Pharm, part 46: Immune Medications - Antibiotics - Protein Synthesis Inhibitors
September 24, 2021 Updated: December 29, 2021 4 min read
Okay. In this video, we are going to start going over systemic anti-infectives. And in particular, during this video, we will be focusing on antibiotics that inhibit protein synthesis. If you are following along with cards, I am on card 153.
All right. Let's first talk about macrolides. Macrolides include medications such as azithromycin and erythromycin.
These medications are used to treat a variety of bacterial infections, but they are not effective against MRSA.
They work by inhibiting protein synthesis, which slows bacterial growth. So they are bacteriostatic.
Side effects include GI upset, which I can attest to because erythromycin makes me super sick. Other side effects include dysrhythmias, as well as auto toxicity, and rash. You're supposed to take this medication on an empty stomach with a full glass of water and then try not the barf.
And then in terms of a hint for how you can remember these medications, this hint comes from a Level Up RN crew member. So azithromycin and erythromycin are used for respiratory infections. And if you look at the drug names, it looks like they have throw the mice, right? Throw mice. So if you throw the mice, they will slide because of phlegm due to respiratory infections, so. Well, hopefully help you remember that these medications are used for infections such as respiratory infections.
All right. Now, let's talk about Lincosamides, which is clindamycin.
Clindamycin is used for serious bacterial infections.
It works by inhibiting protein synthesis. And it can be either bactericidal or bacteriostatic, depending on the concentration.
Key side effects include GI upset, as well as diarrhea, and the possibility for a super infection. For example, clostridium difficile.
This medication actually carries a black box warning because of the risk of CDAD.
So it's going to be really important when your patient is on this medication to really monitor their bowel movements for frequent, watery diarrhea, which could indicate the presence of C. diff.
All right. Let's now talk about an important aminoglycosides to know, which is gentamicin.
Gentamicin is used for very serious bacterial infections.
It works by inhibiting protein synthesis. And it is bactericidal, so it kills the bacteria.
It does come with some very serious side effects, including autotoxicity, as well as nephrotoxicity. And then other side effects include vertigo, as well as ataxia.
It does have a black box warning because of that risk of autotoxicity.
So you're definitely going to want to monitor your patient and ask them about any symptoms such as tinnitus or hearing loss. In addition, we're going to want to monitor our patient's kidney function throughout therapy because of the risk of nephrotoxicity. Also, we administer this medication through the intramuscular route or IV route. And it does have a narrow therapeutic range. So we're going to want to do frequent blood draws, and monitor the patient's peak and trough levels of gentamicin.
So my tip for remembering this is that Gentamicin is the opposite of gentle.It causes autotoxicity as well as nephrotoxicity. So it is a very potent antibiotic.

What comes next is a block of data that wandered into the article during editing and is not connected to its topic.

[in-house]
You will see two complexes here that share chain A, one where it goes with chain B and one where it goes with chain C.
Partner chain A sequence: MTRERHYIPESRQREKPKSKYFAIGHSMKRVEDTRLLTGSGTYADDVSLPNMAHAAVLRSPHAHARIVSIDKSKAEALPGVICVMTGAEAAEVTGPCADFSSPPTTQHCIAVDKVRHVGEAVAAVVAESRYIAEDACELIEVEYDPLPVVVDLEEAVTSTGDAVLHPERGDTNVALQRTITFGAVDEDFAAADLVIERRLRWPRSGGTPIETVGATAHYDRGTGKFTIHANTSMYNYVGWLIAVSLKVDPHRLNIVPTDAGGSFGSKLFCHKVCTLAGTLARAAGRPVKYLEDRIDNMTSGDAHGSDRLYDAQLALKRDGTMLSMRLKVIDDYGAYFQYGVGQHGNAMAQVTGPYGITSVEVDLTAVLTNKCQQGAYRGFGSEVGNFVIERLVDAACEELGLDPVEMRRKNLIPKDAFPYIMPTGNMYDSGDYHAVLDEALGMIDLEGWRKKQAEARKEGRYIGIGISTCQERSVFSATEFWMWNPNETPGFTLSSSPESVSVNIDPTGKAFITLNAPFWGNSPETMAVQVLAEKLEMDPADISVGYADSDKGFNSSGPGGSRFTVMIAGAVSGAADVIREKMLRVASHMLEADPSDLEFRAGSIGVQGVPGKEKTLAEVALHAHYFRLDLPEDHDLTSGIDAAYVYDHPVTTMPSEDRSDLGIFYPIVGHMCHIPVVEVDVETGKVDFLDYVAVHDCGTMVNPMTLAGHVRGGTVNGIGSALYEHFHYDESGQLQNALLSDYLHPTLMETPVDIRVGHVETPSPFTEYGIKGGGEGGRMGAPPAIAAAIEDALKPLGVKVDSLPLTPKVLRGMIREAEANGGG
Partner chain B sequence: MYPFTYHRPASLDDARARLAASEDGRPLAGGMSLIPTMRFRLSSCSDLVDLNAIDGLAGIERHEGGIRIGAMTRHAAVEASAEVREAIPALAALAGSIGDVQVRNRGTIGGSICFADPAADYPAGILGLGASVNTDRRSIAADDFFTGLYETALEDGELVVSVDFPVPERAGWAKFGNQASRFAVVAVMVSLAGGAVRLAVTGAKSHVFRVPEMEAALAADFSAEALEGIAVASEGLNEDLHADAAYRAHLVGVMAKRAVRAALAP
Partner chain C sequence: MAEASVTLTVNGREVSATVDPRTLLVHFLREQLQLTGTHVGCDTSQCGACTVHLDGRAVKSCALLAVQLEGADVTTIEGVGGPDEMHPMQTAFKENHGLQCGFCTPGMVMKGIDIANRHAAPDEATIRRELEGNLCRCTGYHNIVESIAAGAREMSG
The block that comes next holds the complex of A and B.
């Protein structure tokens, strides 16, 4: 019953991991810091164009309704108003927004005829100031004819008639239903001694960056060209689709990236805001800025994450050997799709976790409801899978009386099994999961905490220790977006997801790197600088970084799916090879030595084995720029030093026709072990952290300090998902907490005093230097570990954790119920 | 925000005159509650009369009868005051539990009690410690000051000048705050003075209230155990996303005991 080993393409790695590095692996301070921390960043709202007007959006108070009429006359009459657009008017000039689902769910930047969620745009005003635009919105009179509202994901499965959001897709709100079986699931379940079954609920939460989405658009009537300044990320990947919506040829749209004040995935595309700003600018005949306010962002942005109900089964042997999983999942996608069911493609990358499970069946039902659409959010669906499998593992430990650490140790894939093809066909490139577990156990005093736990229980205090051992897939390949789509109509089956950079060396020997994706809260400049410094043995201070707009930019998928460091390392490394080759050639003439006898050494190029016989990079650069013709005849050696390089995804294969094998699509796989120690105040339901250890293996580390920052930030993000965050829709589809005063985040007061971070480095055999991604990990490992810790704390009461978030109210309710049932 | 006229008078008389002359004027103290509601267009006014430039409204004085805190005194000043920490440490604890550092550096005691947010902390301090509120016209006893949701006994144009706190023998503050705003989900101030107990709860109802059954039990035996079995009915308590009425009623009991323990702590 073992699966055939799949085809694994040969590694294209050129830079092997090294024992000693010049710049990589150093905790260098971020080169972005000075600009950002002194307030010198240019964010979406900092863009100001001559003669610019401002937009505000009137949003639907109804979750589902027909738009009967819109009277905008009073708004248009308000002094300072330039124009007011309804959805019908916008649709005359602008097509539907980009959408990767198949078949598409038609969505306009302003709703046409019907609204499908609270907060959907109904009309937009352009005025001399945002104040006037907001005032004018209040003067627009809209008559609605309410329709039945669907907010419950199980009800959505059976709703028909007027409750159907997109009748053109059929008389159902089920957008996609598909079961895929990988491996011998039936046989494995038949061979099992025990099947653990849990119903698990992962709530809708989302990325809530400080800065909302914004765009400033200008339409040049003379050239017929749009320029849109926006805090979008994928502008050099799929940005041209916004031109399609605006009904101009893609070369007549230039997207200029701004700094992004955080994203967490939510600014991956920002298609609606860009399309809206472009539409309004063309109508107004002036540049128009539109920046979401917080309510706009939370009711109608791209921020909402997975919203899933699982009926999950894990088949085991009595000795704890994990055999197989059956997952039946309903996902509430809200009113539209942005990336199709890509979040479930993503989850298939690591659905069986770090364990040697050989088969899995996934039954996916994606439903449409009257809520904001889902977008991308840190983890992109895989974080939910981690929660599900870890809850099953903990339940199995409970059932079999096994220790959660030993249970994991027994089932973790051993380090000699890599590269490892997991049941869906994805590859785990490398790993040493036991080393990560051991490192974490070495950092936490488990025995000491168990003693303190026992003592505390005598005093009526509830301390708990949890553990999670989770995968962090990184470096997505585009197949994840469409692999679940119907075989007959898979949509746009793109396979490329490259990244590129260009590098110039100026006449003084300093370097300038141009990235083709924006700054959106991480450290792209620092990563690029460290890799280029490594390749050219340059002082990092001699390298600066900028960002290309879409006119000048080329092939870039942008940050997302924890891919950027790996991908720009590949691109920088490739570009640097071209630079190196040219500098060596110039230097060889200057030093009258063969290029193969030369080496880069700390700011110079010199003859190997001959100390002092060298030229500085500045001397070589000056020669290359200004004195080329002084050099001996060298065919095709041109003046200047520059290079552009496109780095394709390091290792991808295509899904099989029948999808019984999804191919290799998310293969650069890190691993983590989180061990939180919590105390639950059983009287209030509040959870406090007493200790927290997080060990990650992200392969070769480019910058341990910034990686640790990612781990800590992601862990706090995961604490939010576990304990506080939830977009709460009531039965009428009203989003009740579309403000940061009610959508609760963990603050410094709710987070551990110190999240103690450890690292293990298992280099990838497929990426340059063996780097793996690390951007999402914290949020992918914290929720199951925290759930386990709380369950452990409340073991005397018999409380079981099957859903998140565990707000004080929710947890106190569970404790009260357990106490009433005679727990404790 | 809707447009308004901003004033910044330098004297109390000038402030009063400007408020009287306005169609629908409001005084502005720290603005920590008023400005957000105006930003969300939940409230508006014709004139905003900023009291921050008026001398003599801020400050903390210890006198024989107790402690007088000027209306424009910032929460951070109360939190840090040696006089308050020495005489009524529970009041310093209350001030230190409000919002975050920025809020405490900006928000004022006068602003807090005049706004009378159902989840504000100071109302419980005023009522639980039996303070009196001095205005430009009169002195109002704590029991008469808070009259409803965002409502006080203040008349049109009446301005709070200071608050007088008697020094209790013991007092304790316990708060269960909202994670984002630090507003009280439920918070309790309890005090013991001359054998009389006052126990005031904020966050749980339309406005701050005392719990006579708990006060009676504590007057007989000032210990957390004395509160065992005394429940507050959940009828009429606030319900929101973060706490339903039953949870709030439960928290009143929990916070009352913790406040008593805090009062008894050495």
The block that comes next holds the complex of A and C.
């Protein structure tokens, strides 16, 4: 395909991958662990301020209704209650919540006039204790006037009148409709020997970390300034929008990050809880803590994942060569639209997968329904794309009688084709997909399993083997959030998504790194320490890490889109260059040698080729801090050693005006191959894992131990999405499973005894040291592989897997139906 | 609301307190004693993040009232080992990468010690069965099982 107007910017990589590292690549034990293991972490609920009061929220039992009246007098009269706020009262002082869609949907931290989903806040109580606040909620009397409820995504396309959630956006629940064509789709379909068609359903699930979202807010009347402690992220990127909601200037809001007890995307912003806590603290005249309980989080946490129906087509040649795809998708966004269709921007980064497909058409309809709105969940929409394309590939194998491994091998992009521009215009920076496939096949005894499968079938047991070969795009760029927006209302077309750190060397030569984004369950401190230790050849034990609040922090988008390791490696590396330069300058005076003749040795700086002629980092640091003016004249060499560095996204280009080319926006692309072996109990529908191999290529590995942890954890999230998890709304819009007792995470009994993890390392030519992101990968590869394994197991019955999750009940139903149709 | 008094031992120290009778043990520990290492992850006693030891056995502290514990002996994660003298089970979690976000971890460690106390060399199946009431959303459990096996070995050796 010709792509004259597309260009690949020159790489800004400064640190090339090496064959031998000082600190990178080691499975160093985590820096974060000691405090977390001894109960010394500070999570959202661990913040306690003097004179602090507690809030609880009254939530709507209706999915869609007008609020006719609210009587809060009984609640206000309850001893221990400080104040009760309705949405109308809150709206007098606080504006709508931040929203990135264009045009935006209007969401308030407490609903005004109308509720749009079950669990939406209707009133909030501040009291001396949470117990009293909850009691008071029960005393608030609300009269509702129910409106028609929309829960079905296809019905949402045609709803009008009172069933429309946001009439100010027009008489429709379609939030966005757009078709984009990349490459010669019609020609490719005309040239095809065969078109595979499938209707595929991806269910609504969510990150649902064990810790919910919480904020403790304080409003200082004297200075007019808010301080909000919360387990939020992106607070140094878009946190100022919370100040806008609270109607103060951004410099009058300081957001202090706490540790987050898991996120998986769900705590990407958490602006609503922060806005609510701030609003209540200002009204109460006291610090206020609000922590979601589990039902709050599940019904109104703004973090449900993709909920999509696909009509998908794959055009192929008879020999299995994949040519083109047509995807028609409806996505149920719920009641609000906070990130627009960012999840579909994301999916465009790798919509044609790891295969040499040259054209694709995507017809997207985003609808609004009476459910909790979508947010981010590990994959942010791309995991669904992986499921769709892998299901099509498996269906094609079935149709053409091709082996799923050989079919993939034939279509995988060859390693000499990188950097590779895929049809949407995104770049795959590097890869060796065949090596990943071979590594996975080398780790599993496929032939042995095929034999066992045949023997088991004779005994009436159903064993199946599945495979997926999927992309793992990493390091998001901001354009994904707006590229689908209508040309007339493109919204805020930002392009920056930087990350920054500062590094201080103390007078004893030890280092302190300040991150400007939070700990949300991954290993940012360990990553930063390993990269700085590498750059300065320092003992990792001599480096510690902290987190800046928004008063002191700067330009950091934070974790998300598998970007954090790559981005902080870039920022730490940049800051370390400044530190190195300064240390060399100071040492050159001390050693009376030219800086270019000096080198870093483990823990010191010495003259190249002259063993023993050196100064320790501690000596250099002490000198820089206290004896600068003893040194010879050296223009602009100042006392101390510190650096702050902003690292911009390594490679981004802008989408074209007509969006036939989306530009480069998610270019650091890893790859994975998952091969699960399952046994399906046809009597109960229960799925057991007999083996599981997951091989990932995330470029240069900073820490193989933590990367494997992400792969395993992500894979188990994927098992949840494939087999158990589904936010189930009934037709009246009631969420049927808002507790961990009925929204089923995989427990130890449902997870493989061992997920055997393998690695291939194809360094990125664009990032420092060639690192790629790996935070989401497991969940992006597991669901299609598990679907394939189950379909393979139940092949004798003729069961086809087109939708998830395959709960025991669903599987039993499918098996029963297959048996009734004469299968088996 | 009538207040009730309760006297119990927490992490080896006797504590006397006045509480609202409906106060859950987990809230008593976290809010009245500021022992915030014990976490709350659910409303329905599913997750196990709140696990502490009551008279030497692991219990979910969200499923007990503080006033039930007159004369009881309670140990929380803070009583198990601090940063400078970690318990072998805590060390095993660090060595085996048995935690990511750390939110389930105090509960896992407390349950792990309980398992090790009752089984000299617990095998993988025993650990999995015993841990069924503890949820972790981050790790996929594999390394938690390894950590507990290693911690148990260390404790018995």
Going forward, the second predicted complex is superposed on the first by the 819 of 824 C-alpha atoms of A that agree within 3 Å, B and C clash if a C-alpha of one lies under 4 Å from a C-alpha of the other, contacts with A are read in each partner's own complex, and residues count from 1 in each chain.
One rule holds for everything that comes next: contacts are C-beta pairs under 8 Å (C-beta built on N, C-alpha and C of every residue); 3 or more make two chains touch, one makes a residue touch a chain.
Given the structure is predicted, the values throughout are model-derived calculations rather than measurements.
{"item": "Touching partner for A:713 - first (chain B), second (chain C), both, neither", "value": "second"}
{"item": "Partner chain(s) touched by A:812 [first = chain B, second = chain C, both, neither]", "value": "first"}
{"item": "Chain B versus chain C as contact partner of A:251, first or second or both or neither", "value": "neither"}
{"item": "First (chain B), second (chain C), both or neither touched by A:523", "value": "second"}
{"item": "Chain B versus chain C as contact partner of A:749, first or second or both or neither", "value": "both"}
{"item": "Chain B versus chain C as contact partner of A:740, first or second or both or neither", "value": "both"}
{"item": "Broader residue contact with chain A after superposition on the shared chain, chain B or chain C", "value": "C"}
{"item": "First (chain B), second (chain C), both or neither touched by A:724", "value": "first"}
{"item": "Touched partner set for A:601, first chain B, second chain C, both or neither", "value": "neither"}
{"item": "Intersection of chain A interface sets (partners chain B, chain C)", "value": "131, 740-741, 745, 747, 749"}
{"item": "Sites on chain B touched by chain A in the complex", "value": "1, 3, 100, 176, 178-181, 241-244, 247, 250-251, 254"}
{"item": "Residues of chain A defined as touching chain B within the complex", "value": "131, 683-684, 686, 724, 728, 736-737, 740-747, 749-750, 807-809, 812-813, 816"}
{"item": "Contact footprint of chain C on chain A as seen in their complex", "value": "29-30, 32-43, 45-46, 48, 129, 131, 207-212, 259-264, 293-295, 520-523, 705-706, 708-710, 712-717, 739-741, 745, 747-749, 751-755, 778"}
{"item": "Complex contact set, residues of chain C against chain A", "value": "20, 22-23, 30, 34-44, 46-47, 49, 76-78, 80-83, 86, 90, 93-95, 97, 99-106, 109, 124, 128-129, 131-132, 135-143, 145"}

Okay. So last but not the least are tetracyclines. If you're following along with cards, definitely take a look at the back of this card because there's a lot of bold red items that are going to be really important for you to know.
So a couple of medications that fall within this class include tetracycline as well as doxycycline.
These medications are used to treat a wide variety of bacterial infections, including acne, Lyme disease, STDs, and Rocky Mountain spotted fever, just to name a few.
Tetracyclines work by preventing protein synthesis, which inhibits bacterial growth. So it is bacteriostatic.
There are quite a few side effects to know. These include GI upset, tooth discoloration in children and in fetuses, as well as hepatotoxicity, photosensitivity, and a possible super infection such as C. diff.
So there are some important teaching points that you definitely need to provide to your patient. First of all, we would never give this medication to children under eight or pregnant women because of that side effect of tooth discoloration. In addition, we should advise our patient to wear sunscreen because of the side effect of photosensitivity. We take this medication on an empty stomach with a full glass of water. However, there are certain food products and medications that we need the patient to avoid because they decrease the absorption of tetracycline. So patients should avoid dairy products, foods that are high in calcium or iron. And they should also avoid antacids. Again, all of these things will decrease absorption of this medication. And in addition, tetracyclines also decrease the effectiveness of oral contraceptives. So that's another important teaching point.
So the trick or the tip I got for learning about tetracycline and some of the side effects came to me from a Level Up RN crew member, who says that tetracycline reminds her of Tetris. And in Tetris, there's lots of little blocks which look like little square teeth. And that helps to remind you that tetracycline treats lots of little things. Like you have all these little blocks. And it causes discolored teeth in children and fetuses. So I really felt like that tip was helpful.
I hope you find it helpful as well. And stay tuned for more antibiotics in my next video. Thanks so much for watching.
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